Projected 250 jobs coming to Midlands community rocked by recent job losses

“I’m from Fairfield County and it’s a grim day.”

SC Public Service Commission criticized SCE&G Tuesday for spending billions on a nuclear project, then walking away from the partially built reactors.
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SC Public Service Commission criticized SCE&G Tuesday for spending billions on a nuclear project, then walking away from the partially built reactors.

A Midlands community rocked by recent job losses received some good news Tuesday.

Healthcare U.S. Co., a Chinese-based memory-foam mattress manufacturer, announced plans to establish new operations in Fairfield County and create up to 250 new jobs.

S.C. Gov. Henry McMaster and the S.C. Department of Commerce announced the company plans to invest $45 million to open a 650,000-square-foot facility in Winnsboro in the first quarter of 2019. Hiring will begin early next year, according to a press release.

The state’s Coordinating Council for Economic Development awarded Fairfield County a $300,000 grant to assist with the costs of building renovations.

Fairfield County has suffered several recent blows — the cancellation of the V.C. Summer nuclear project multi-billion-dollar expansion, Walmart’s closure and the Uniroyal mill’s shutdown. Fairfield Memorial Hospital also is set to shutter its doors Dec. 18.

Another more than 100 jobs were thought to be in peril this summer, until Element Electronics received a critical exemption from tariffs levied by the Trump administration.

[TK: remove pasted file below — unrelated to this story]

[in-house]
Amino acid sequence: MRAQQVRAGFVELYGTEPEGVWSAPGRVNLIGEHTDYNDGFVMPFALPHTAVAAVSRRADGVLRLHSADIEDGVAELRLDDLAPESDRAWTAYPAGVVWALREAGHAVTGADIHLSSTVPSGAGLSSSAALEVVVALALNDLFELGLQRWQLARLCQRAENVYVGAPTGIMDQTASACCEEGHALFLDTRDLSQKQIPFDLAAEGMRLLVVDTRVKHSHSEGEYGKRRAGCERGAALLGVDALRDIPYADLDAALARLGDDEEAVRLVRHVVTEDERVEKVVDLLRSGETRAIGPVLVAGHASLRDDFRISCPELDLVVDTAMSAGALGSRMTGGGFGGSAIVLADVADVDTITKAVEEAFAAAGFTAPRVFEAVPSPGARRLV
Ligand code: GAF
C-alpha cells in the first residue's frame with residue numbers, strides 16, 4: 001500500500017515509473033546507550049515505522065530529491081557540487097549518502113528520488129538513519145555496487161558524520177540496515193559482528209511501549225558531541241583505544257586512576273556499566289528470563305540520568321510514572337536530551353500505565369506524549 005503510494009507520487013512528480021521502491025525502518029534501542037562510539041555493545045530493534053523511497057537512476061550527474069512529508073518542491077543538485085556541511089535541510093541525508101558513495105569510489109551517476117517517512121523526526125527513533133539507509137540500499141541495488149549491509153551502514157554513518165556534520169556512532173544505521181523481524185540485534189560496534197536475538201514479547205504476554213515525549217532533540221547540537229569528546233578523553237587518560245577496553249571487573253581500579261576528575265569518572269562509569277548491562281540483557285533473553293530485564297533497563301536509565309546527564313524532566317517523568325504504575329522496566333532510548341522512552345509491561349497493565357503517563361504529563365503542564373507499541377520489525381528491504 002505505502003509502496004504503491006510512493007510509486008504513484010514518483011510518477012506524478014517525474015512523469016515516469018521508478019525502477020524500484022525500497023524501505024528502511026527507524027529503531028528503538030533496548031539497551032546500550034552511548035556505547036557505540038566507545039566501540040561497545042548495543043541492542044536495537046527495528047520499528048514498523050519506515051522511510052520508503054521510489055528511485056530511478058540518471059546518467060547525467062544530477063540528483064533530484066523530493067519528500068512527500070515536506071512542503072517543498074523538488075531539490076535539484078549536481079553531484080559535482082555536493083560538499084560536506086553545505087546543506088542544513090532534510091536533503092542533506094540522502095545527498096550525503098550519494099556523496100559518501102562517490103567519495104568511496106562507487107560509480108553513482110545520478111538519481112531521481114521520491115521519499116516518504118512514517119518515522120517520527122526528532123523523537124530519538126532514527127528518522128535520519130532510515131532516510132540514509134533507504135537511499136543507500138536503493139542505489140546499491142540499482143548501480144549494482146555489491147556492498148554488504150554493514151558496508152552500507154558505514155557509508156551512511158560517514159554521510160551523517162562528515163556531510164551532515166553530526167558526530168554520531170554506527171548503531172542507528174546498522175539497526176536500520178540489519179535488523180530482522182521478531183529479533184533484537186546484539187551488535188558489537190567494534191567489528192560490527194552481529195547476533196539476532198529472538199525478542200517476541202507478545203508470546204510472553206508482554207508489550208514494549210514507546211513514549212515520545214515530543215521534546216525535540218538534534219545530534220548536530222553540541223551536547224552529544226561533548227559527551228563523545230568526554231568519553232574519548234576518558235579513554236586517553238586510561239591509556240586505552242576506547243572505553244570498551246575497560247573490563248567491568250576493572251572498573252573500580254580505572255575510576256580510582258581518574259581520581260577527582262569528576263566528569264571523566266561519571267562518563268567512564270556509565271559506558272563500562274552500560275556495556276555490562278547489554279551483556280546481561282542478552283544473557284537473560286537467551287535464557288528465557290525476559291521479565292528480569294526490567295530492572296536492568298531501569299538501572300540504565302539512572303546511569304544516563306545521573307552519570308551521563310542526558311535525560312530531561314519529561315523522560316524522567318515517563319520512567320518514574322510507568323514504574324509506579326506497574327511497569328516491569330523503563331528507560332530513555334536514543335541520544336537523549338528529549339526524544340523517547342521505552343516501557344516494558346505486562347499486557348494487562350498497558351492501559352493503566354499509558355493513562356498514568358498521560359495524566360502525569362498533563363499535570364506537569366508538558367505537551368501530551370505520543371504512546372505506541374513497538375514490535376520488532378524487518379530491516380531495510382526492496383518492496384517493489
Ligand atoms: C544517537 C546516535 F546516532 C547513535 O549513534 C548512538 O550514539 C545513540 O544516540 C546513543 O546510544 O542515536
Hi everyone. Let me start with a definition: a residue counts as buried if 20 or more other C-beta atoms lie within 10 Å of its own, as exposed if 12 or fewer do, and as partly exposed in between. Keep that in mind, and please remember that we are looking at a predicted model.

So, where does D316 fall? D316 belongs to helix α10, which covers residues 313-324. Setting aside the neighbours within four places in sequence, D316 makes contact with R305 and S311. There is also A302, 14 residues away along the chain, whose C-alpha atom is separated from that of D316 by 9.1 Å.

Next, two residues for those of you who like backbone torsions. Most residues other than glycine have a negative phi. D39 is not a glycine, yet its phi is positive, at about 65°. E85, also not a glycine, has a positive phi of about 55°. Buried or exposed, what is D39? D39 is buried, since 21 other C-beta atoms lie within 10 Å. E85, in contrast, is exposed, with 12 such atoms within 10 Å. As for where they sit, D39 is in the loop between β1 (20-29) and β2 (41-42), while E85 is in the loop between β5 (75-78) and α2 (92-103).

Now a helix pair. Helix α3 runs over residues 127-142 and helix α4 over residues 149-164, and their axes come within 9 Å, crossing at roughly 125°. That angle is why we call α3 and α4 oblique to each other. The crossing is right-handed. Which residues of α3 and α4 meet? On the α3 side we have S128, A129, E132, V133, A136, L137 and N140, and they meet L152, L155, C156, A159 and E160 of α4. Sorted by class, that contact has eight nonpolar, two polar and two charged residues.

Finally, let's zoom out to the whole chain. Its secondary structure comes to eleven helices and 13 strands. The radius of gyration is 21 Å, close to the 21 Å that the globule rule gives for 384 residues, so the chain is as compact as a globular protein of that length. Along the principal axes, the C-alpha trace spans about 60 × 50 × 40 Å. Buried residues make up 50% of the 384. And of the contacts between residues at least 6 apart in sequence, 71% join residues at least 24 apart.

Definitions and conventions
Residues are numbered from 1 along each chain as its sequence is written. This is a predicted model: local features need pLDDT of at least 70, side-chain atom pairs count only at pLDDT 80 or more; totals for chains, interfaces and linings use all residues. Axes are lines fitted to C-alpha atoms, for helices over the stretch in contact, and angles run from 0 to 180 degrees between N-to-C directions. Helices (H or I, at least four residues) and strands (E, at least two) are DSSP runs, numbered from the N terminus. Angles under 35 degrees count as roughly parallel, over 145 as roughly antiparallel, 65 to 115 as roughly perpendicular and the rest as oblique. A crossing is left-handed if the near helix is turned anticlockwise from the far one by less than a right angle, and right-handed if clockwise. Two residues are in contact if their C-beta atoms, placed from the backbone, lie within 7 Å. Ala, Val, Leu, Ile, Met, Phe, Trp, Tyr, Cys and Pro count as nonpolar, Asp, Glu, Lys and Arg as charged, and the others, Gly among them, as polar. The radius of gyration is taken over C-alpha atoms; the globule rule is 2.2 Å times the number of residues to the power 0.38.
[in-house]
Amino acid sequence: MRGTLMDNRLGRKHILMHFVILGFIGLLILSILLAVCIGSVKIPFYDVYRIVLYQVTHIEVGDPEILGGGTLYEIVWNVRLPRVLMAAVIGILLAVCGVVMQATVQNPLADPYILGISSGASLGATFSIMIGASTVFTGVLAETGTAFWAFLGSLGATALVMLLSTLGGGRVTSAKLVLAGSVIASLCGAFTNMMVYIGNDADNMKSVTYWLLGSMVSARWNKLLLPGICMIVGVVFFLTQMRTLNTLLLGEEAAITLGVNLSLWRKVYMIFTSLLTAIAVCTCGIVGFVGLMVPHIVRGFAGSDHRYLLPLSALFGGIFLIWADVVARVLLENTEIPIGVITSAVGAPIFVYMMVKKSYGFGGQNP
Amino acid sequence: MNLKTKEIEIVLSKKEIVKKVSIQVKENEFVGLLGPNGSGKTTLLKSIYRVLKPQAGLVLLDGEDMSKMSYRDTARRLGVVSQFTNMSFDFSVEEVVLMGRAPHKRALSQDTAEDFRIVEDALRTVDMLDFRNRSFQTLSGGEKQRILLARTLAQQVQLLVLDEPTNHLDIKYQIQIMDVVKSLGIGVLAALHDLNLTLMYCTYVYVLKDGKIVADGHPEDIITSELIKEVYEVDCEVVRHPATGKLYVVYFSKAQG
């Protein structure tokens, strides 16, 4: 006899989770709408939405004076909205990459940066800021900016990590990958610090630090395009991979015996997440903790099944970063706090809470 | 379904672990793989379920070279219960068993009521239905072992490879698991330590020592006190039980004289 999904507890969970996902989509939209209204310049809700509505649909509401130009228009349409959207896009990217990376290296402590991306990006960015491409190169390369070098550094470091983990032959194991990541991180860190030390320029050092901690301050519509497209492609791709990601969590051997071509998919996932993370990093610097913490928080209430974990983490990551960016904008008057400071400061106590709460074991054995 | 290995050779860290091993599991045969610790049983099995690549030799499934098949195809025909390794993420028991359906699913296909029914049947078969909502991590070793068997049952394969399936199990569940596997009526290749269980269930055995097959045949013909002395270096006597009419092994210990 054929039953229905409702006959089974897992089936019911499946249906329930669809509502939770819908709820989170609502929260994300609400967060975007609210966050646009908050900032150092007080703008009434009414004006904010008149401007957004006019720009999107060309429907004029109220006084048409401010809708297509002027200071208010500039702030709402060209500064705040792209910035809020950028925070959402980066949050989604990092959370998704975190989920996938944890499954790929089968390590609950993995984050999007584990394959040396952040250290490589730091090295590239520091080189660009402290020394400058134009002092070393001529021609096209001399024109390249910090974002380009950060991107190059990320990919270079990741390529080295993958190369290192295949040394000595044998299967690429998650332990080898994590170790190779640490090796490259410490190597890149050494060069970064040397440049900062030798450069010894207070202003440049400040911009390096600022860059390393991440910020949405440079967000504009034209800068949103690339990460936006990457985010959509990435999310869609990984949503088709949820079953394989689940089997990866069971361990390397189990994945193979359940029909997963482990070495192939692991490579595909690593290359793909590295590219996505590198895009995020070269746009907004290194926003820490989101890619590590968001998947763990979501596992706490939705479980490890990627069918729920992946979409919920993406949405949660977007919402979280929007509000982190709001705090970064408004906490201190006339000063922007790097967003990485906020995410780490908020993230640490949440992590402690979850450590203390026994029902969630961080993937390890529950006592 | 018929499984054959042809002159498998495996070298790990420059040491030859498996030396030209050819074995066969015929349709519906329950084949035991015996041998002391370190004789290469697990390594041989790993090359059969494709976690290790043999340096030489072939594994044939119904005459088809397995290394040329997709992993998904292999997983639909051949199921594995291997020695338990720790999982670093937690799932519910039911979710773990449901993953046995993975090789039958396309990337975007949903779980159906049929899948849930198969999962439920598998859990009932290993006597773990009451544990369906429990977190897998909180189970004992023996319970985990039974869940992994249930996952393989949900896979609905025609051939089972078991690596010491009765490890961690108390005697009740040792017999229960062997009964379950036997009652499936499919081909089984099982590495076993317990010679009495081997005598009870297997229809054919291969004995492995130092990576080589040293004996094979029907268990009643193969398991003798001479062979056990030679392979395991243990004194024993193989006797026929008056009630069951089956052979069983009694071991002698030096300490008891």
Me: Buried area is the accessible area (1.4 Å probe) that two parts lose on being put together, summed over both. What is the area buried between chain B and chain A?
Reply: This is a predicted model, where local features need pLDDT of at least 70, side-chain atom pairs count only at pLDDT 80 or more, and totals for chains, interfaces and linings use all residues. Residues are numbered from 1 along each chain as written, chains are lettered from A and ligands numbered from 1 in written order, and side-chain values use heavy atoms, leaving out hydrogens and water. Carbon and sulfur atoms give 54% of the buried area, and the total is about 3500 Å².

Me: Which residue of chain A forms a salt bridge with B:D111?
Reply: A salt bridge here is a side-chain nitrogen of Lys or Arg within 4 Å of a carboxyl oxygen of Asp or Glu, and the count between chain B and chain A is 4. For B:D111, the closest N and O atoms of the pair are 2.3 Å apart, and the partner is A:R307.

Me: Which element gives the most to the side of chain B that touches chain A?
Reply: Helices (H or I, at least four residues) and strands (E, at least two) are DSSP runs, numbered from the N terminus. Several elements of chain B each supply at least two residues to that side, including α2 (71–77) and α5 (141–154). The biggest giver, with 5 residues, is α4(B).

“Any sort of development, any sort of new industry is always good,” McMaster said Tuesday. “Fairfield County is one that is always wide open for development and for investment, particularly with the decline of the V.C. Summer plant. ... We are hoping the loss of that progress is not going to be permanent.”

McMaster also pointed to federal legislation, sponsored by U.S. Sen. Tim Scott, R-Charleston, that he hopes will help revive rural areas, including Fairfield County, that struggle with relatively high unemployment and job losses despite the state’s recent economic gains.

Earlier this year, McMaster announced the submission of 135 Opportunity Zones to the U.S. Department of Treasury. He said the zones will help promote the economic competitiveness of communities in every corner of South Carolina.

“We are working hard with a number of entities interested in (opportunity zones) and interested in investing money in South Carolina in those areas as well,” McMaster said.

McMaster and Scott will lead an opportunity zones summit Jan. 25 in Columbia.

“I’m hoping that investors will take note that South Carolina is open for business because our economy is booming,” McMaster said. “We have more jobs than we’ve ever had before and our unemployment rate is at a historic low. Things are getting better and better.”

In a statement, Fairfield County Council chairman Billy Smith said the county “is beyond excited” by the decision of Healthcare U.S. Co. to build its first U.S. factory in Winnsboro.

“We welcome them with open and supporting arms, and are hopeful that others will see this and know that Fairfield County is open for business and focused on the kind of growth that will be beneficial both for our citizens and the businesses that choose to locate and invest with us,” Smith said.

South Carolina I-77 Alliance president and chief executive Rich Fletcher said, in a statement, that Fairfield’s proximity to Charlotte Douglas International Airport and “numerous amenities in the Charlotte and Columbia metro areas continue to make it an extremely attractive community for foreign and domestic investment.”

Tom Barton covers South Carolina politics for The State. He has spent more than a decade covering local governments and politicians in Iowa and South Carolina, and has won awards from the S.C. Press Association and Iowa Newspaper Association for public service and feature writing.